Jay DeMayo is in his 20th year as a strength and conditioning coach at the University of Richmond and his 18th year working with the men’s basketball team. DeMayo is directly responsible for the strength training, conditioning, and flexibility development of the men’s basketball and tennis teams. He also educates the student-athletes on the proper nutrition to make sure their bodies are performing to their full potential. As a top expert in the field of strength and nutrition, DeMayo has presented at dozens of seminars and clinics across the country.
Freelap USA: Frequent movement from job to job can be a common track in the performance field, contributing to attrition and longevity issues in the profession. With nearly two decades at the University of Richmond, what are some of the factors that have led to you maintaining a stable position there, and what do you see as the primary challenges for current coaches who want to build long careers on the performance side?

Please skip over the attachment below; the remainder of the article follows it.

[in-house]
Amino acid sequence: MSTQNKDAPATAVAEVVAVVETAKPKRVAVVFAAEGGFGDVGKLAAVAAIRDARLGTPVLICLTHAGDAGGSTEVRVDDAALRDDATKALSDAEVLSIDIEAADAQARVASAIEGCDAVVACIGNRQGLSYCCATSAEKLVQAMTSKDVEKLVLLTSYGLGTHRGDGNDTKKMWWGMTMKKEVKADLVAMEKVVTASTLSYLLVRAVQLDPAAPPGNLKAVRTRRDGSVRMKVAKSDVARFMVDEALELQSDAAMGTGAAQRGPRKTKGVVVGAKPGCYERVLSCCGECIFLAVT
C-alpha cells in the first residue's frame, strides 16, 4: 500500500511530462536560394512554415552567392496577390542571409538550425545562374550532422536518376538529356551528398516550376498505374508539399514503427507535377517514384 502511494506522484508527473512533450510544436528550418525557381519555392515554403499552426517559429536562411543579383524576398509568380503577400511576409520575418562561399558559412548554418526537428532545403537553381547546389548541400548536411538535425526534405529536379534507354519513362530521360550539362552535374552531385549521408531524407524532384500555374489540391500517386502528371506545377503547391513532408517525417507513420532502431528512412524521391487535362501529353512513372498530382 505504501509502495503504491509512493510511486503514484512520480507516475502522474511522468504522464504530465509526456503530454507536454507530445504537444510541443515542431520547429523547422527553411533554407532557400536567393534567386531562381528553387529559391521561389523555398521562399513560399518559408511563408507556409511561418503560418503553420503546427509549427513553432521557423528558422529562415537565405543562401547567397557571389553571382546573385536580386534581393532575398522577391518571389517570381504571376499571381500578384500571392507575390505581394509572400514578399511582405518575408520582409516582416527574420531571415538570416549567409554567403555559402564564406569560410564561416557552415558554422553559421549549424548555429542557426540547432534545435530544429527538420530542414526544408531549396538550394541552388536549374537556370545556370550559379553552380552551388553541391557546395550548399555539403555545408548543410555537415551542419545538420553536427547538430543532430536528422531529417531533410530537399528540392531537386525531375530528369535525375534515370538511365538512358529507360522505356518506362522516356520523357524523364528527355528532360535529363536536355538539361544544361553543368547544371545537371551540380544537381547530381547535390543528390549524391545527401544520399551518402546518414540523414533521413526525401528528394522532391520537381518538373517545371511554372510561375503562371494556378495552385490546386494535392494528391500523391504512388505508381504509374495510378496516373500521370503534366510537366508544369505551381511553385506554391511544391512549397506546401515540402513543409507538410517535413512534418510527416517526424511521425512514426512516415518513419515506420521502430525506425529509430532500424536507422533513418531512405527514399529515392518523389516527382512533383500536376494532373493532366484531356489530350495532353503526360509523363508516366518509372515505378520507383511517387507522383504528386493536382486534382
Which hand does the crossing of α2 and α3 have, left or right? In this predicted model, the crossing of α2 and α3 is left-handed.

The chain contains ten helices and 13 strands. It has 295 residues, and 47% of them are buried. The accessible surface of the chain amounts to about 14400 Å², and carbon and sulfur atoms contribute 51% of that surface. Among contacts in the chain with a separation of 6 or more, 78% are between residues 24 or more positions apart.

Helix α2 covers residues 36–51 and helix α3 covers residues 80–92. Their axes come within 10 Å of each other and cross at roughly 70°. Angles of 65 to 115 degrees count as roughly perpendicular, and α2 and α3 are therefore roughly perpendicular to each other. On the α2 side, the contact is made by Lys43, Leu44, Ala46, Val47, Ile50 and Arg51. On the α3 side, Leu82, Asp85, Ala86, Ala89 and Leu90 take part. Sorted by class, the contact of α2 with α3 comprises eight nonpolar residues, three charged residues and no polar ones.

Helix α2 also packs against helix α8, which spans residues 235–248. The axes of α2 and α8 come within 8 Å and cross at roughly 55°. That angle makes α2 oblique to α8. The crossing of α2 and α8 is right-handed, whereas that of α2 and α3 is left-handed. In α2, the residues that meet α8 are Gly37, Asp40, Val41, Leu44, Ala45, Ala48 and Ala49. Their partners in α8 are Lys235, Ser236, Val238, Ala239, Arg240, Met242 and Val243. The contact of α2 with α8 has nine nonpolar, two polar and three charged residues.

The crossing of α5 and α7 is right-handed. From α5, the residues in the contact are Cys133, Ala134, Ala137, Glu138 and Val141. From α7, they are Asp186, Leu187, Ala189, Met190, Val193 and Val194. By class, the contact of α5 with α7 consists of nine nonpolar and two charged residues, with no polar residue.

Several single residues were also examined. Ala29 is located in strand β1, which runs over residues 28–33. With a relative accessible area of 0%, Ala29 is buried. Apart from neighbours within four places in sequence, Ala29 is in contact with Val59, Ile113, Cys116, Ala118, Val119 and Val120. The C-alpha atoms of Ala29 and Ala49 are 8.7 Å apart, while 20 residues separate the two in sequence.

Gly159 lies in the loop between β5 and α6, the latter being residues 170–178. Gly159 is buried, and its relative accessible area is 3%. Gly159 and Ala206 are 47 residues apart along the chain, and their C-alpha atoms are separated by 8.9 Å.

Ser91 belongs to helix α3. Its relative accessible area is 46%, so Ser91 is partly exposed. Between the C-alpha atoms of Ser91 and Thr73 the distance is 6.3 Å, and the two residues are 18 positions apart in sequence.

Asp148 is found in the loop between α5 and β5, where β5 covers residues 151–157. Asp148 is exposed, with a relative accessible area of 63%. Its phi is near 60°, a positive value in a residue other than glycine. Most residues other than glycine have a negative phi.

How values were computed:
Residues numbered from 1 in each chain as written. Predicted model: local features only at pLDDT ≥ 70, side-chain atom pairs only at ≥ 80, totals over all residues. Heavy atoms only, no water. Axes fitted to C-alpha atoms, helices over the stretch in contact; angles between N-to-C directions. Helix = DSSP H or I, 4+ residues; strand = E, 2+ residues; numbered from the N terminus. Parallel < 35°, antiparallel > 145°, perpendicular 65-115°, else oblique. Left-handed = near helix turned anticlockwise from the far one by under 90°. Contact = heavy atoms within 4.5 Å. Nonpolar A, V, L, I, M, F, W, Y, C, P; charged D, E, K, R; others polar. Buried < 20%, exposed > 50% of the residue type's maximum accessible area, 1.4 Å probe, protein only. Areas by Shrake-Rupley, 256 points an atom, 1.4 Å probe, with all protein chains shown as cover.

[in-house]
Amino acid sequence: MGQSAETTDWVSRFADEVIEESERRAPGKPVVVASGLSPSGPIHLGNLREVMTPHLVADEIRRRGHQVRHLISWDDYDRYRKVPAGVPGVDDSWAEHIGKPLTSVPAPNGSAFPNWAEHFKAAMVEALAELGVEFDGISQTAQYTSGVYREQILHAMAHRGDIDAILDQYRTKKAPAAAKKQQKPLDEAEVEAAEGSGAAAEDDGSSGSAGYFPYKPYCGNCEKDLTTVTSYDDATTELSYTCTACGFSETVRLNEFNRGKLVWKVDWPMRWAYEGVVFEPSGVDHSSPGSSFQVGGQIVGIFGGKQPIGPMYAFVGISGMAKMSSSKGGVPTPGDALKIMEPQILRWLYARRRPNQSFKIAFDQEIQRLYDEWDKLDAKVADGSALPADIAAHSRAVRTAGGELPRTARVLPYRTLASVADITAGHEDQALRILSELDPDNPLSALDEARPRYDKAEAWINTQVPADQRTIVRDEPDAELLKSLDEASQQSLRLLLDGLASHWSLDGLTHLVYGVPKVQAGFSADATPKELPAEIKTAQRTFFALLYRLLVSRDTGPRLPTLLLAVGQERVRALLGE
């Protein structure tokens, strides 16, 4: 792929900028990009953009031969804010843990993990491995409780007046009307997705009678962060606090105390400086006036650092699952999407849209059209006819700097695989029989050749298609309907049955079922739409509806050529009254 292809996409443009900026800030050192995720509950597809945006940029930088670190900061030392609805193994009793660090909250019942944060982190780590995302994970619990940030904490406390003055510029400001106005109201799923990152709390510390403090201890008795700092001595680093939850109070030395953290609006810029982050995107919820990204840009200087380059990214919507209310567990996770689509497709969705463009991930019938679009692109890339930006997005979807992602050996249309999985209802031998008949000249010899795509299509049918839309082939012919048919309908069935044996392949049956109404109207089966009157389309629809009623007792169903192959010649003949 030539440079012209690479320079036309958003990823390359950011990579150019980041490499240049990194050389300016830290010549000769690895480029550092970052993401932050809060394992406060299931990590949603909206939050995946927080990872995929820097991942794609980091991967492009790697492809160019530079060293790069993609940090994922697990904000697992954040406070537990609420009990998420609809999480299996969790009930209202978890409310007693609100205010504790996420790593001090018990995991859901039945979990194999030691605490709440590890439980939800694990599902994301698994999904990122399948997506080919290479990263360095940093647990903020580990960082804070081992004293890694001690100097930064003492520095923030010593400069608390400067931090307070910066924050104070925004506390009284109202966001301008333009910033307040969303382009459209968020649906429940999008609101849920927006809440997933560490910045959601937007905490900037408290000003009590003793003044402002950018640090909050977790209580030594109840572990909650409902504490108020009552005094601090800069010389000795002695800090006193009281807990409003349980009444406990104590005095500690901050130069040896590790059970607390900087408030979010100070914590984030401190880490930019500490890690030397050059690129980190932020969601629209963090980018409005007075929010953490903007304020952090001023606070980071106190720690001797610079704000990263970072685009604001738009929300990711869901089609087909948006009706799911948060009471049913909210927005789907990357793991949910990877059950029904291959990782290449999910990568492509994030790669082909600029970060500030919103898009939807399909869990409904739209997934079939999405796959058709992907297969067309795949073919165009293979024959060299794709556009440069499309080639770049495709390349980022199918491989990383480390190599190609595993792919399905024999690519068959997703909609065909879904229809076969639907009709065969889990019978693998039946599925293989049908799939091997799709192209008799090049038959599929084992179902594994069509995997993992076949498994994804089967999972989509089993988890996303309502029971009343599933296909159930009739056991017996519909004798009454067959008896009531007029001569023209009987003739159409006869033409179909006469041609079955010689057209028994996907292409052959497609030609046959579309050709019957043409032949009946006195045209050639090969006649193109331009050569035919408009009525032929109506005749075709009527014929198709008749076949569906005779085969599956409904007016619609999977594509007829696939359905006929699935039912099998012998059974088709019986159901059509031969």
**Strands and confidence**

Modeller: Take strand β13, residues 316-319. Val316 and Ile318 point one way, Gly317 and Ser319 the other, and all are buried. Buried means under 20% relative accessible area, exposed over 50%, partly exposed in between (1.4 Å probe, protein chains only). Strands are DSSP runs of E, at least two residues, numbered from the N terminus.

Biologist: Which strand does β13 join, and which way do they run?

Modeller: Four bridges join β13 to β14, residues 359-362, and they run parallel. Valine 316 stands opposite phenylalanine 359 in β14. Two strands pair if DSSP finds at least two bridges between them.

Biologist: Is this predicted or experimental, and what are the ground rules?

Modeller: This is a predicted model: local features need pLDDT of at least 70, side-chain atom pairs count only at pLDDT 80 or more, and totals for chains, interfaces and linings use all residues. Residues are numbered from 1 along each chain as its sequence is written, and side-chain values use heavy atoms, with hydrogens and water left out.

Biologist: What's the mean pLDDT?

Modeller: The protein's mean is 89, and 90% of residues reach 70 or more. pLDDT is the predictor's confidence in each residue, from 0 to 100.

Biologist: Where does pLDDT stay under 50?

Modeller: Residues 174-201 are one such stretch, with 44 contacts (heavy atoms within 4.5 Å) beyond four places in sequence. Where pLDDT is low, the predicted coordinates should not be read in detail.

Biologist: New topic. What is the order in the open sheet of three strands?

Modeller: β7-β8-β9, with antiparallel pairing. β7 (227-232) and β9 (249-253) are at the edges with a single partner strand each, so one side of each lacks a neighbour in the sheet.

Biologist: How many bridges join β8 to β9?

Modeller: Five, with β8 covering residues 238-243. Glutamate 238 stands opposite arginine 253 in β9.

Jay DeMayo: The primary factor is pretty easy—it starts with Chris Mooney, my head basketball coach. Then there’s Darren Thomas, Brandon Horrigan, Chris Stewart, and now Scott Brinks. I’ve been very fortunate to have a great, supportive head coach and director of strength and conditioning the whole time I’ve been here. They have put up with me and allowed me to fall on my face and make mistakes, grow and mature, and then learn from my mistakes—which is the biggest thing.